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    Long Read | In the Name of God: The Asia Bibi Case and its implications for the Rule of Law and Islam in Pakistan

Long Read | In the Name of God: The Asia Bibi Case and its implications for the Rule of Law and Islam in Pakistan

When Pakistan’s Supreme Court acquitted Asia Bibi of blasphemy, the three-member bench made their legal decision by appealing to Islam rather than the Constitution. Amber Darr (UCL) looks at why such a ruling, which is being hailed around the world as a landmark judgement, furthers the cause of the religious right and risks shifting sovereignty in Pakistan from a […]

December 6th, 2018|Law, Religion|Comments Off on Long Read | In the Name of God: The Asia Bibi Case and its implications for the Rule of Law and Islam in Pakistan|

Myanmar 2020 – Rohingya Citizenship: Now or Never?

Myanmar’s 1982 Citizenship Law is not just a tool for denying the Rohingya their rights, it has also contributed to the military’s acts of genocide against them. With elections in two years, the next 12 months may be the last chance to reform the law, give the Rohingya their long overdue citizenship rights, and help create conditions for the safe […]

November 2nd, 2018|Featured, Human Rights, Law, Politics|Comments Off on Myanmar 2020 – Rohingya Citizenship: Now or Never?|

The role of mercy in India

Shubhangi Agarwalla argues that the death penalty has bureaucratised death and in doing so, relieved individuals of a sense of their own moral responsibility within its delivery. Considering Derrida’s seminal argument on mercy, Indian society must reconsider the pivotal role of mercy within justice, writes Agarwalla.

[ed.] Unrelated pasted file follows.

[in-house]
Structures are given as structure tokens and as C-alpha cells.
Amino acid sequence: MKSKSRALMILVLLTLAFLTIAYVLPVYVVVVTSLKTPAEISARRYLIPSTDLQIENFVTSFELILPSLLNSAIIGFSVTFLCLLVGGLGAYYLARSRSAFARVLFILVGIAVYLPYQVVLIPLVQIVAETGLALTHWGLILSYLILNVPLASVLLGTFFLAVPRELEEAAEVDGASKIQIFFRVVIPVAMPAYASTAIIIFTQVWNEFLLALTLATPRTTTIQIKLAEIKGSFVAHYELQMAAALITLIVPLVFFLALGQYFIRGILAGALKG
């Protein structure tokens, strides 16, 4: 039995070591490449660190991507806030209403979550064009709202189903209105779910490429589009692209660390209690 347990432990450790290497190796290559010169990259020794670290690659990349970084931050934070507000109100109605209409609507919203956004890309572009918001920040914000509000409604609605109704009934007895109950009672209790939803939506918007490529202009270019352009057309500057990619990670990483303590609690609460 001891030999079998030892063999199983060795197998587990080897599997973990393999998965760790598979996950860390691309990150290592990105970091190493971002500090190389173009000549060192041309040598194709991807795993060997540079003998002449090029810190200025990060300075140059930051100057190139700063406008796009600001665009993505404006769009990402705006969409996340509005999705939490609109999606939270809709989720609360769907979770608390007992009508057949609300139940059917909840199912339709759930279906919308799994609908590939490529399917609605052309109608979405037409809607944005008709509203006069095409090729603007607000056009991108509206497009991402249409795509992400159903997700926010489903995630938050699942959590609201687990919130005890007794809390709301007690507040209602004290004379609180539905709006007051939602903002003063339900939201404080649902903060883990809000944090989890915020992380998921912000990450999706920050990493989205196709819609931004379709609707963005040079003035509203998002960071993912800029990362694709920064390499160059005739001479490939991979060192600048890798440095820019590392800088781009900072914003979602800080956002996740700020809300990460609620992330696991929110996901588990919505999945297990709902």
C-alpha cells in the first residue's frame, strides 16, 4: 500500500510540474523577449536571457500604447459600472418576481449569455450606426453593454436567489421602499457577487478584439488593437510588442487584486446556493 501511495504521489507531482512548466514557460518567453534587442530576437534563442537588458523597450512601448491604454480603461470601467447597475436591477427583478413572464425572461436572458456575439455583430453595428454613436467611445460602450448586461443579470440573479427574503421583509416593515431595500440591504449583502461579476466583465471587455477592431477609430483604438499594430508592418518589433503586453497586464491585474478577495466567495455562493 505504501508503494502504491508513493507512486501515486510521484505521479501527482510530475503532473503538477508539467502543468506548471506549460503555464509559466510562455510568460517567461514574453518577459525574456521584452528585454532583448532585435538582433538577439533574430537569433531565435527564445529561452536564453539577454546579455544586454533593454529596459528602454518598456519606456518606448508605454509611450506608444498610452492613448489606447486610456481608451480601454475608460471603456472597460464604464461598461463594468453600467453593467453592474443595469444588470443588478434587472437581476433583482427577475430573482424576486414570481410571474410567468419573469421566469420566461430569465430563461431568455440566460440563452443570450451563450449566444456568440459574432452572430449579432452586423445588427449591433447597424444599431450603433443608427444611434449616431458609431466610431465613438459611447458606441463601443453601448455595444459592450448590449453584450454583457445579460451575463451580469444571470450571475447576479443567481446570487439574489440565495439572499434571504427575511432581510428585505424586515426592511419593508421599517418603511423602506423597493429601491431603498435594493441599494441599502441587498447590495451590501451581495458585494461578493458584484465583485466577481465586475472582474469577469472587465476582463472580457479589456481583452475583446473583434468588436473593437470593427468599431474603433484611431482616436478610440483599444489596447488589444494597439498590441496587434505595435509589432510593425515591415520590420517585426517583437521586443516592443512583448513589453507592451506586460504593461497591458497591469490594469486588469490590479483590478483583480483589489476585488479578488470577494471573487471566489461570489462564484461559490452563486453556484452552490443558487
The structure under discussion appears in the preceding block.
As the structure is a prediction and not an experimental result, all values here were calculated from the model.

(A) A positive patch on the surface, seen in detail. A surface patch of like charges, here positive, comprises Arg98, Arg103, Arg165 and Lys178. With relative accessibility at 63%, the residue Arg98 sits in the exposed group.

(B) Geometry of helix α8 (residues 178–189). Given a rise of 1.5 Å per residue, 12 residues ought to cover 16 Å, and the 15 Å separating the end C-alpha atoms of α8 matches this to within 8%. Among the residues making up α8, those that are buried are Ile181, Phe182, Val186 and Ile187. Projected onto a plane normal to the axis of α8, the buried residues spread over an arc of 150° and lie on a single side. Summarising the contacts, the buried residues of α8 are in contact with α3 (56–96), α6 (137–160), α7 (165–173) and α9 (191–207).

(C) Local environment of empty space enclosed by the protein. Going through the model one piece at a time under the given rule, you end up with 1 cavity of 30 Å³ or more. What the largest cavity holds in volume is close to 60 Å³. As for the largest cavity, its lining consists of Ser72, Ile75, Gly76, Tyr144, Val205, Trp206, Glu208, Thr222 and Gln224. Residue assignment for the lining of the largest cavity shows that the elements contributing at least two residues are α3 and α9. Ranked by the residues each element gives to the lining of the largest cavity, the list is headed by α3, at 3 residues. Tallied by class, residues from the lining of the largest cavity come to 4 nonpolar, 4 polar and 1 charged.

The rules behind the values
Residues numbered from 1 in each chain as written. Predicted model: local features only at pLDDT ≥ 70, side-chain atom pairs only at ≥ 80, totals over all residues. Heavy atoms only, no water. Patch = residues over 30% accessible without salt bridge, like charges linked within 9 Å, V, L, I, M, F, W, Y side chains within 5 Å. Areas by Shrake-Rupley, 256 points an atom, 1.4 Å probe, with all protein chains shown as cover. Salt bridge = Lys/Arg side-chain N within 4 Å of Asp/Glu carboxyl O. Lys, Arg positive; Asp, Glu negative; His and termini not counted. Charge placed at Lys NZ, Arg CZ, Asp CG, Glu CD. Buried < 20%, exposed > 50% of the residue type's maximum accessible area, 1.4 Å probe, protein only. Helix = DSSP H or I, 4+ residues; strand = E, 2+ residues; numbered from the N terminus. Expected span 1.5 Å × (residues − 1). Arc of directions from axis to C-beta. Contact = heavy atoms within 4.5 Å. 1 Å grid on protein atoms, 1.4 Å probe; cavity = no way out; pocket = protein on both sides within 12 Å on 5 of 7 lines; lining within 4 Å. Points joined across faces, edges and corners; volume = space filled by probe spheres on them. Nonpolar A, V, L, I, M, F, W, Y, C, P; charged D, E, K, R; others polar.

In India there has recently been such a sustained focus on the right to […]

August 13th, 2018|Featured, Human Rights, Law|Comments Off on The role of mercy in India|
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    “If the state starts to see sense, then people will follow. But I think this will take time” – Ibn Abdur Rehman

“If the state starts to see sense, then people will follow. But I think this will take time” – Ibn Abdur Rehman

Preceding an evening of celebrating the life of eminent human rights activist and lawyer Asma Jahangir at LSE, her friend and fellow activist I.A. Rehman discussed his work in Pakistan, the establishment of the HRCP (Human Rights Commission, Pakistan) and Asma’s powerful legacy with Amber Darr.  

AD: How did you begin your human rights journey?

IAR: It started in 1949, when I […]

August 7th, 2018|Featured, Human Rights, Interviews, Law, Religion, Society and Culture|Comments Off on “If the state starts to see sense, then people will follow. But I think this will take time” – Ibn Abdur Rehman|
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    “The mixture of Islam as a state religion adjoining secularism is not healthy.” – Sara Hossain 

“The mixture of Islam as a state religion adjoining secularism is not healthy.” – Sara Hossain 

On the sidelines of the LSE-Berkeley Bangladesh Summit held at LSE in June 2018, Mahima A. Jain interviewed to Bangladeshi lawyer Sara Hossain, who was a panellist discussing “Civil Society and the State”.

In this interview, Sara Hossain discusses the problems that Bangladesh faces in an attempt to balance secularism with Islam highlighting the validity and space that the government gives to views of extremist groups. “What […]

July 6th, 2018|Cities and Urban Studies, Corruption, Development, Featured, Gender, Interviews, Law, Politics, Religion, Sustainable Development Goals|Comments Off on “The mixture of Islam as a state religion adjoining secularism is not healthy.” – Sara Hossain |